I have recently encountered, in several quite different contexts, the idea that all modal thought experiments are a priori. In particular, the claim shows up in defense of the idea that genuine philosophy is entirely a priori. (Aside: I have never met anyone with the list inkling of the history of philosophy who embraces the latter take on philosophy’s methodology. This is not a coincidence.) Or anyway, I seem to have encountered it: the idea is so outlandish that I suspect I must be misunderstanding.
Consider an example. Suppose I make a fist-sized snowball. To make the situation not just counterfactual but outside ordinary experience, suppose I go through a ceremony and dub the snowball ‘Mrs. Roberts’. Now the thought experiment: What would happen if I put Mrs. Roberts into a 450 degree F oven on a cookie sheet for an hour? We all know the answer… but our knowledge is patently not a priori. Both in terms of cause and justification, it rests on: knowing the enormous causal powers of a hot oven vis-a-vis a smallish frozen body; knowing the exceedingly negligible causal powers of a pointless dubbing ceremony.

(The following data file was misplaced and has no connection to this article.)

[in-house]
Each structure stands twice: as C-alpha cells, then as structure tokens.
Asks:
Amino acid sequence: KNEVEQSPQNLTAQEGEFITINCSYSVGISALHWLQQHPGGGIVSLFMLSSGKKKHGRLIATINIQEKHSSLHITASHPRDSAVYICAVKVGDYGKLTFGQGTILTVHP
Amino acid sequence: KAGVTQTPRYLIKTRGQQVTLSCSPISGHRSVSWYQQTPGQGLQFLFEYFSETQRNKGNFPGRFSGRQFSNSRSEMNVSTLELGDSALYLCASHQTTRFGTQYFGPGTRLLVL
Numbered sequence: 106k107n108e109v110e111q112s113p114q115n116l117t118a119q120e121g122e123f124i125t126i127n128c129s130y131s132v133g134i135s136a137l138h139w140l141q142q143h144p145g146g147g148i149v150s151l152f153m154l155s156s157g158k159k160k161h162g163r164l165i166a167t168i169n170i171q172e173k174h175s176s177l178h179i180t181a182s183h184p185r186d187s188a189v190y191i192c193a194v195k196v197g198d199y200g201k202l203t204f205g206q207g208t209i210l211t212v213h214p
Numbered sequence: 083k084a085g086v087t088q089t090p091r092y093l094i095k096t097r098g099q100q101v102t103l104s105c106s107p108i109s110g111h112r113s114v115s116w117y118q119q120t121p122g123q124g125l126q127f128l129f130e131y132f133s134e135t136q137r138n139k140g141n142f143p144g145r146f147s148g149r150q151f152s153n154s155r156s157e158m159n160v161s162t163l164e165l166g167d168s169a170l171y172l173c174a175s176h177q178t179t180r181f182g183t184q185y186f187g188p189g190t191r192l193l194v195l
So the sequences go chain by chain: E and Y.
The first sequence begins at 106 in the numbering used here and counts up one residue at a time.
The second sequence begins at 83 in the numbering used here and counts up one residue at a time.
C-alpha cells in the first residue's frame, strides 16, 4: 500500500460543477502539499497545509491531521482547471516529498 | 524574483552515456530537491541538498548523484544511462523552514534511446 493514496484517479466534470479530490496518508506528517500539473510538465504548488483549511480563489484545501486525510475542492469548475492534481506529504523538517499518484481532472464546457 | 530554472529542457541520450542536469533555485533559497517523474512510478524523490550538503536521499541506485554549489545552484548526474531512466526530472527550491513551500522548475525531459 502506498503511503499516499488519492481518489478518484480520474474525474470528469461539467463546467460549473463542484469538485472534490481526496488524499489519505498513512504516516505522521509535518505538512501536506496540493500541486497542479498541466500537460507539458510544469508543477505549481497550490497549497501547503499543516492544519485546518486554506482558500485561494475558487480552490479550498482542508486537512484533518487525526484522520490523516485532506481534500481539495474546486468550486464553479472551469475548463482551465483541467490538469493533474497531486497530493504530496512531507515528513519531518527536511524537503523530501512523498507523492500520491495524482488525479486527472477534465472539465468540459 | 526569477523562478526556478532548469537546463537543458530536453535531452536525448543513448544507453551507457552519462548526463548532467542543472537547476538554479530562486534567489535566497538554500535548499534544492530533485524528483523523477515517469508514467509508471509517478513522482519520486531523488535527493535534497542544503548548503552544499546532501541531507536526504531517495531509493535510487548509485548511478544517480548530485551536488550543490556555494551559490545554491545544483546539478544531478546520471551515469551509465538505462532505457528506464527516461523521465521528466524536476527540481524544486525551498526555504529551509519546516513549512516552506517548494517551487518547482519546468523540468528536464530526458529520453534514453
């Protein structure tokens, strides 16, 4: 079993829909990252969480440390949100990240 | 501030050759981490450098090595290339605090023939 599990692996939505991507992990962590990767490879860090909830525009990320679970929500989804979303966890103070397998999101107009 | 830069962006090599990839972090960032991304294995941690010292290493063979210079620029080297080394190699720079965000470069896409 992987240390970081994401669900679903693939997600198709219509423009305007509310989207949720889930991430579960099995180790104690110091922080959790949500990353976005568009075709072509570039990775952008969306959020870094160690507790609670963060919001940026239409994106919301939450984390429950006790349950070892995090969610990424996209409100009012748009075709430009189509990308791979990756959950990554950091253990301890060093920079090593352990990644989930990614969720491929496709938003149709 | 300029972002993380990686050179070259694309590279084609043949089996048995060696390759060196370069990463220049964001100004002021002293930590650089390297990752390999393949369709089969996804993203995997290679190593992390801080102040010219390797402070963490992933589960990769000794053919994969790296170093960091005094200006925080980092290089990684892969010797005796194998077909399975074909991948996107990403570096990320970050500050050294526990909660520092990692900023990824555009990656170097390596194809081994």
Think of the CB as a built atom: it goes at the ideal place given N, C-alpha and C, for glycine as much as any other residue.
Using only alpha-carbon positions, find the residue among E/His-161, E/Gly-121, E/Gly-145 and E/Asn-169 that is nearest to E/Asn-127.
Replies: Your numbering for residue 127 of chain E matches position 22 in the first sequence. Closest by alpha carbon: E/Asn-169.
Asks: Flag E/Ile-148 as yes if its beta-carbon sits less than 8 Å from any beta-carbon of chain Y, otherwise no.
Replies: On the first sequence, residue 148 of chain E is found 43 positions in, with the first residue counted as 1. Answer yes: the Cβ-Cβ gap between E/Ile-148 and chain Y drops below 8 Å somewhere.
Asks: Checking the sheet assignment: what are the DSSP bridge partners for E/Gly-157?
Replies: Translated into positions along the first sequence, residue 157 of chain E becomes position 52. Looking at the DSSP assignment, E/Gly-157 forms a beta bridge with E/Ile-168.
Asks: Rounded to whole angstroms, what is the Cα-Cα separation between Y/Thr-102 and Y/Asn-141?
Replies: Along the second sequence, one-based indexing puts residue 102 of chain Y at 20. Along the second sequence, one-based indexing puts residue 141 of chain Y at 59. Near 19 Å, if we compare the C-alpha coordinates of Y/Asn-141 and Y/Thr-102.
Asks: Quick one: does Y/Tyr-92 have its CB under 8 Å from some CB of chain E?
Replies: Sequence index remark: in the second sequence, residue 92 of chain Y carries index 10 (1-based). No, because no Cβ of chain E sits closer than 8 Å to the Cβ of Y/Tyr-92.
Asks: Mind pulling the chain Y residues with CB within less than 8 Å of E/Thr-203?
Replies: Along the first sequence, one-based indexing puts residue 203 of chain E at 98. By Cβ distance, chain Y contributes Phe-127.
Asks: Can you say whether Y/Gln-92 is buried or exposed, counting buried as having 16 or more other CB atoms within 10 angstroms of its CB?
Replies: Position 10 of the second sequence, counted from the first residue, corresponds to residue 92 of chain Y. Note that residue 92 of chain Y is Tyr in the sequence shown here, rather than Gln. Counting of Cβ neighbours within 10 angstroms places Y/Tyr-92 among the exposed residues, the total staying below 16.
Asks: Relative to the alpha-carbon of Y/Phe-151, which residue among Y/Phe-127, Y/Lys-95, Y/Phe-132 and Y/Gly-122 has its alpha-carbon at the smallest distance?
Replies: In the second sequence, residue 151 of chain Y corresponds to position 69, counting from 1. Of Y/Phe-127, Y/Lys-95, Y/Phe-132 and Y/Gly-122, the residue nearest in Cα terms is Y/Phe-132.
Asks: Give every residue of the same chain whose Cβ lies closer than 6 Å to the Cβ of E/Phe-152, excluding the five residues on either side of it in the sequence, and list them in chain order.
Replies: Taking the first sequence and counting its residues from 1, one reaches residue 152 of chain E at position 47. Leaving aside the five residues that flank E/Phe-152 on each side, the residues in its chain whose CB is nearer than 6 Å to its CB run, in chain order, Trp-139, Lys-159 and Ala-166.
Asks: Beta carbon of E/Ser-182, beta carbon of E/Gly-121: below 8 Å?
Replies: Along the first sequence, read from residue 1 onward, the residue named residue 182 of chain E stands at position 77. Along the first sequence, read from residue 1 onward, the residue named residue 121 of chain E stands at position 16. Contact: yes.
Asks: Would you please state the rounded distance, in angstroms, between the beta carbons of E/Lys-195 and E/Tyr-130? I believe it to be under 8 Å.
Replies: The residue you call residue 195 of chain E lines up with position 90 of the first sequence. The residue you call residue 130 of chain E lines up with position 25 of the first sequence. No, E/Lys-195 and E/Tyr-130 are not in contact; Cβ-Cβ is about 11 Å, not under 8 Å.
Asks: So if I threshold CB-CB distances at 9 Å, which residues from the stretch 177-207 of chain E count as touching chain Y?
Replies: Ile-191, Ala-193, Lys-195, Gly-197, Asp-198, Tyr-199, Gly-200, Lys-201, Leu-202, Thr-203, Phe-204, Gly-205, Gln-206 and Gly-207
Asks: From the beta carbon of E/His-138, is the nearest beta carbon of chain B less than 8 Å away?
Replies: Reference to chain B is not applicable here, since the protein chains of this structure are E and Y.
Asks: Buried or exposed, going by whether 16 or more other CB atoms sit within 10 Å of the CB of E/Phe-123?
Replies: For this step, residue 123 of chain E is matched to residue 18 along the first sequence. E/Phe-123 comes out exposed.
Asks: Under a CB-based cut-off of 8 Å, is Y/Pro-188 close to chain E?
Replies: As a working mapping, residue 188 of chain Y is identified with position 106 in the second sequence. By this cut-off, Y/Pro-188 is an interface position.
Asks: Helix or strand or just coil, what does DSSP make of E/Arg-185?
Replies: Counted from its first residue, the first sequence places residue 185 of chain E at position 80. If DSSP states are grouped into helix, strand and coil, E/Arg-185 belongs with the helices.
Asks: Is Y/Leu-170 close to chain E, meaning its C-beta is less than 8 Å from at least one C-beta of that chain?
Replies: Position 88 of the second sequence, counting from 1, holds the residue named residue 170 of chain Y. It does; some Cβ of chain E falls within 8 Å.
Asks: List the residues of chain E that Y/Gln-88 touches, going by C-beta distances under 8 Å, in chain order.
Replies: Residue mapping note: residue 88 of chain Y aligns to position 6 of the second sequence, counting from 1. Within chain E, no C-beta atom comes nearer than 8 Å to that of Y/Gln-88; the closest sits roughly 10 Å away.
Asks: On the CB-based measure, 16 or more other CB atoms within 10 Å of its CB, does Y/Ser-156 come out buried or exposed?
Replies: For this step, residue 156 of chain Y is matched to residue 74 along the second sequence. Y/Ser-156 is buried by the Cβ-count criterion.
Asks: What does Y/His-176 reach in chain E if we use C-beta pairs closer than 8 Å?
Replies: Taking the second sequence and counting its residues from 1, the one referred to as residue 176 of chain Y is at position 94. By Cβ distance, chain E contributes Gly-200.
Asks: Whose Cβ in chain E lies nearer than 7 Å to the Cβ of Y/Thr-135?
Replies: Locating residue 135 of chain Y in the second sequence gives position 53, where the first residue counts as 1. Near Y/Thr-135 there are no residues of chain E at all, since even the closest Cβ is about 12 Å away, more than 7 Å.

A related mistake is to suppose that, because a conclusion is arrived at by “thinking about it in my armchair”, it’s therefore a priori. To the contrary, insofar as one’s armchair philosophizing is based in memory of relevant experiences, its deliverances cannot be justified a priori. And much of our thinking about modal properties is so based: if asked to reflect in your armchair about whether a rubber ball will still bounce, even if a tiny pink dot is painted onto it, you know the answer because of experience.
An interesting connection here is the idea, found in Jerry Katz, that linguistic semantics and syntax are not empirical because their usual data are intuitions about well-formedness, entailment relations, etc. We have here another confusion. If those linguistic intuitions in their turn trace (partly) to experience, and to discovery of form/meaning/context patterns, then the fact that we can now arrive at a conclusion without additional observation isn’t probative at all — because we are relying on memory. (To drive the point home, were it really a priori whether ‘Yo quiero comprar una naranja’ is grammatical, and whether it entails the existence of oranges and/or mental states, then one ought to be able to figure it out with no experience of Spanish. QED.)